Vacant Property Insurance

Situations arise when you own property in which the building you own may be vacant or unoccupied for a certain amount of time.

Most home and property insurance policies have a clause that ceases coverage for vandalism and glass damage after a building has been vacant for a certain amount of time. The usual time limit for a home policy is sixty days, but it may vary, depending upon the type if insurance carried.

Homes can remain vacant when the owners move from one area to another to follow jobs or other circumstances. Sometimes a home becomes vacant when the original owner dies or needs to be moved to a nursing home.

No matter what the reason, the mortgage company and your interests are dependent upon maintaining the adequate property insurance and you need to be aware of policy provisions and endorsements that can limit the insurance coverage.

Commercial buildings become vacant due to changes in commercial needs, shifting population patterns, and abundance of office spaces.

Commercial insurance has some of the same provisions with regard to insurance as does home insurance, so it is necessary to pay careful attention to ensuring that your interests as owner of the property are covered.

Vacant Home Insurance

vacant property insuranceA home that is vacant ordinarily loses coverage for vandalism, glass damage, and theft after a period of thirty days. This may vary, depending upon the laws in your state.

Consult with your state’s insurance department for questions.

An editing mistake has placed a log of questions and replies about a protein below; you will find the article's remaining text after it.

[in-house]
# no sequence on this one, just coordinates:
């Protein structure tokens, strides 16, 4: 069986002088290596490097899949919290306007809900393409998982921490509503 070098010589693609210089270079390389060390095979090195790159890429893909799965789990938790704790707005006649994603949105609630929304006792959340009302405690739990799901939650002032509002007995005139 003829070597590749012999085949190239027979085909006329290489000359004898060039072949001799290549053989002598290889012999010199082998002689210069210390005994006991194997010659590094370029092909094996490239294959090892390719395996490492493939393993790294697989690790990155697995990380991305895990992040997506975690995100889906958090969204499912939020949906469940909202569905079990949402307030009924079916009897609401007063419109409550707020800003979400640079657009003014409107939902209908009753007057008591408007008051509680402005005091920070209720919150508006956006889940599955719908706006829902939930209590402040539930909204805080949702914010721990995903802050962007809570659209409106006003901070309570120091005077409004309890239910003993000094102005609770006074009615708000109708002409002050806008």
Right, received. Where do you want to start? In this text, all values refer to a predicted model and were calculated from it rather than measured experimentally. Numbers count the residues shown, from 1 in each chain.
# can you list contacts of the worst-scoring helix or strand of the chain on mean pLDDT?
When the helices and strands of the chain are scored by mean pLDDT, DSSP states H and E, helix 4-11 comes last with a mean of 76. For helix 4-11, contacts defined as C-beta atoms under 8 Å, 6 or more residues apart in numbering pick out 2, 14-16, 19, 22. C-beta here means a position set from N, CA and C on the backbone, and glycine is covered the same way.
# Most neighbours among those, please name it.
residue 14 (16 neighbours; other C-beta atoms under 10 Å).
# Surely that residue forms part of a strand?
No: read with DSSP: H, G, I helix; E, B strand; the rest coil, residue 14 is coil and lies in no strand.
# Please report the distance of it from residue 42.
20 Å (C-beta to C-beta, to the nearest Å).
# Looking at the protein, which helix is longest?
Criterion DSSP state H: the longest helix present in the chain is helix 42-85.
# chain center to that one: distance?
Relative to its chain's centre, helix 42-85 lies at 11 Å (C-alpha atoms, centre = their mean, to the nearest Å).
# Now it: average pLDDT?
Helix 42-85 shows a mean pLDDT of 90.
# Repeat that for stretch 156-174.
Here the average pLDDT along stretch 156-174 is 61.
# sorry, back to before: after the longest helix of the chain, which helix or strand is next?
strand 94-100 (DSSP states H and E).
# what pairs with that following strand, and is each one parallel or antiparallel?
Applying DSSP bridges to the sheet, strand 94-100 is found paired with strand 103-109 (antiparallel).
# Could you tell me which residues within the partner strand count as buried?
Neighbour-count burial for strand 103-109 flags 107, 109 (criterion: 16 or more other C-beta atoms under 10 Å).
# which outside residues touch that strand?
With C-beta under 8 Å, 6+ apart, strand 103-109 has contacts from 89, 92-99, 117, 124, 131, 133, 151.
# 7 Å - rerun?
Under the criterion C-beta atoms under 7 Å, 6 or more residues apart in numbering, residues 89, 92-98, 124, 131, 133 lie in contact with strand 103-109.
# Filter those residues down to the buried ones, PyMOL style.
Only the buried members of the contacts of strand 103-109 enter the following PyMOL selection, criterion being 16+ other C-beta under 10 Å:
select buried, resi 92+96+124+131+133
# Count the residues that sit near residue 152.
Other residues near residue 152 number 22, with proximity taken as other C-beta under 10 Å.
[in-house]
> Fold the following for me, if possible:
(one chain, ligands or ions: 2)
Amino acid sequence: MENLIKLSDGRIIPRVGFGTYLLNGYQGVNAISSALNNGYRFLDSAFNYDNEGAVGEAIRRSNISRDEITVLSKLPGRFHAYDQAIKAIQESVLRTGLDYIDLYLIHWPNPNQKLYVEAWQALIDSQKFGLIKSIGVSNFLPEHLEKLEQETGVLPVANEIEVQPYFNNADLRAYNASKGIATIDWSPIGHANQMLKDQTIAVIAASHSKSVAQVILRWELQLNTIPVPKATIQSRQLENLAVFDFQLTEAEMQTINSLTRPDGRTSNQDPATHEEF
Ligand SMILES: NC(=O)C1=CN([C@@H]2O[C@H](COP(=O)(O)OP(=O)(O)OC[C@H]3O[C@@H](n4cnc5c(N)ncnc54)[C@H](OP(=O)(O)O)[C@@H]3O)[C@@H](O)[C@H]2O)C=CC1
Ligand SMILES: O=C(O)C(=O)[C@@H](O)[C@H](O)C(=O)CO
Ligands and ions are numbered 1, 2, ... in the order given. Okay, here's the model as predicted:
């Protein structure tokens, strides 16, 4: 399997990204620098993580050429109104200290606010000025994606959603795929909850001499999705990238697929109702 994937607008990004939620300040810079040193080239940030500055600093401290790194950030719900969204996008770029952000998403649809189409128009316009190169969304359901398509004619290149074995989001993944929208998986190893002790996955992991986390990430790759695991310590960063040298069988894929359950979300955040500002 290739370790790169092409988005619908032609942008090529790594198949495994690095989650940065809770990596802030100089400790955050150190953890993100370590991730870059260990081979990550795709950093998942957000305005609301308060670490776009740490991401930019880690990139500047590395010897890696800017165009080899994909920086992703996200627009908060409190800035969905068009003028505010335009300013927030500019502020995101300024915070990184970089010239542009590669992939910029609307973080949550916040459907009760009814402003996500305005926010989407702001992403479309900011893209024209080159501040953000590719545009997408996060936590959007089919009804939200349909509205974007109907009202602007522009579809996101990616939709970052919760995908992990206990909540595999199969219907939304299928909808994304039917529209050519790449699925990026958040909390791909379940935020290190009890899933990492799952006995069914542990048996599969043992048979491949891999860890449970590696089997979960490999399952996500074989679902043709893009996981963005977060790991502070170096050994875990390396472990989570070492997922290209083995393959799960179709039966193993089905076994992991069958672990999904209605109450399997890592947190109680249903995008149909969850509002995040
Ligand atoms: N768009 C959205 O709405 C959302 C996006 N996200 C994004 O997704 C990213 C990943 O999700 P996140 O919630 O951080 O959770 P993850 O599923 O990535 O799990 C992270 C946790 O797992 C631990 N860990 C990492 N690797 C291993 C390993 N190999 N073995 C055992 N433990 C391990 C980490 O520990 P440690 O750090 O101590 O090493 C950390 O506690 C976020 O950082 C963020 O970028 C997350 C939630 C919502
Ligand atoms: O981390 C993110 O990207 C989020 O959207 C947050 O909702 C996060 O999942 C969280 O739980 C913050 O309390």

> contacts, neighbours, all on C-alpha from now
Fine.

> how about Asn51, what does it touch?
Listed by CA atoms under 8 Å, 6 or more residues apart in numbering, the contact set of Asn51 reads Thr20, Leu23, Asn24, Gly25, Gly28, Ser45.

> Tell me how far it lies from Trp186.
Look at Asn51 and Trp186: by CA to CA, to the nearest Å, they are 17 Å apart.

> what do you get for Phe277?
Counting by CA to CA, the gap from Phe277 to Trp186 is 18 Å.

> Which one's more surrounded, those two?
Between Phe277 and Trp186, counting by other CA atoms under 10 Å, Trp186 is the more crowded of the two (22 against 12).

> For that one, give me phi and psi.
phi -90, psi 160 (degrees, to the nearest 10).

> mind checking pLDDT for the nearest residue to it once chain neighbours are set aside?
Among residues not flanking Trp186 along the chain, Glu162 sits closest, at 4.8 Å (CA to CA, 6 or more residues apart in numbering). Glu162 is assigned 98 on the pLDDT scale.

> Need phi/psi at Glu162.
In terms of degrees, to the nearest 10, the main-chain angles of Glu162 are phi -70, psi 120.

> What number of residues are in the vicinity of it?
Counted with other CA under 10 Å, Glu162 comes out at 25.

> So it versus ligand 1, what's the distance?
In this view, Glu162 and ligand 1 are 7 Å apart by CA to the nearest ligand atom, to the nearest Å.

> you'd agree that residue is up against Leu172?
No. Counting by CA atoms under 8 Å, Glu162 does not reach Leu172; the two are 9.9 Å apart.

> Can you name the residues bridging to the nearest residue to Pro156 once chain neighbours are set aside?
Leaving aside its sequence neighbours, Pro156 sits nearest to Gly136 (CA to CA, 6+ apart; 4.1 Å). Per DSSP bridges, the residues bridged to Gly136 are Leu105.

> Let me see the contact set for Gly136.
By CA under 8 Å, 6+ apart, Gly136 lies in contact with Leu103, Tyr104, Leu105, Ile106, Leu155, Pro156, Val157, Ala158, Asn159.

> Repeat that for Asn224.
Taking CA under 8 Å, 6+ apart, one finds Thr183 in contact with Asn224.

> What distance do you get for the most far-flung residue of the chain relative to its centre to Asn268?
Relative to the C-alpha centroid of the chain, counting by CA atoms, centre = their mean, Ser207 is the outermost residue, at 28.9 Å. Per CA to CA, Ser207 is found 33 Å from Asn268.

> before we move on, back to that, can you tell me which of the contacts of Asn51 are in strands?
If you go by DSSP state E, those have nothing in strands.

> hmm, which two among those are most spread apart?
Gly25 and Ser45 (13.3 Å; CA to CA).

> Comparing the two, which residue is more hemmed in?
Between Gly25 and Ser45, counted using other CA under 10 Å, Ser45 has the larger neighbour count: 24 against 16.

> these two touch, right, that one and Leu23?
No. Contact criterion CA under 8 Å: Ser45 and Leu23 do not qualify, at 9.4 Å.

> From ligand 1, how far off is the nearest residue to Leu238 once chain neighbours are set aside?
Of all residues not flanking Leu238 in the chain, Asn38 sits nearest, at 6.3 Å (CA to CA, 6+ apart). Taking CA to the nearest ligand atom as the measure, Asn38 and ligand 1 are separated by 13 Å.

You can find a link to your state’s department by following the link included in the National Association of Insurance Commissioners (NAIC) website.

If you are purchasing insurance on a home, be sure that you read the policy carefully, especially if you are contemplating moving from the home.

Be clear with your insurance company or agent about the intentions you plan to pursue with the home.

Failure to disclose vacancy and unoccupancy can result in the coverage being rescinded and the premiums returned.

Be sure to verify with your agent that the insurance company is aware of the vacant status of the home.

Cautions to Protect Yourself if a Home is Vacant

The key to protecting yourself is to make certain that communication lines are open between you and your insurance company or agent. Complete disclosure, in hard copy if possible, will facilitate coverage. Other precautions you can take are:

  • Read your policy to make sure you thoroughly understand the vacancy clauses in the policy.
  • If your property is subsequently rented to someone else, be sure that the policy you have is not a homeowner’s policy. One of the terms of a homeowner’s policy is that the property is occupied by the actual homeowner. Purchase a separate policy to cover perils such as fire, explosion, windstorm, hail, ice, snow, vandalism and theft as well as liability coverage for you as owner.
  • Ask about vacancy provisions in the policy. Some policies do not have this provision and it is more desirable to purchase these if you are planning to move.

Commercial Property Provisions with Regard to Vacancy

Commercial property coverage varies from homeowner’s coverage in that it is intended to provide coverage for property intended to earn money for the owner. Examples of this type of property are: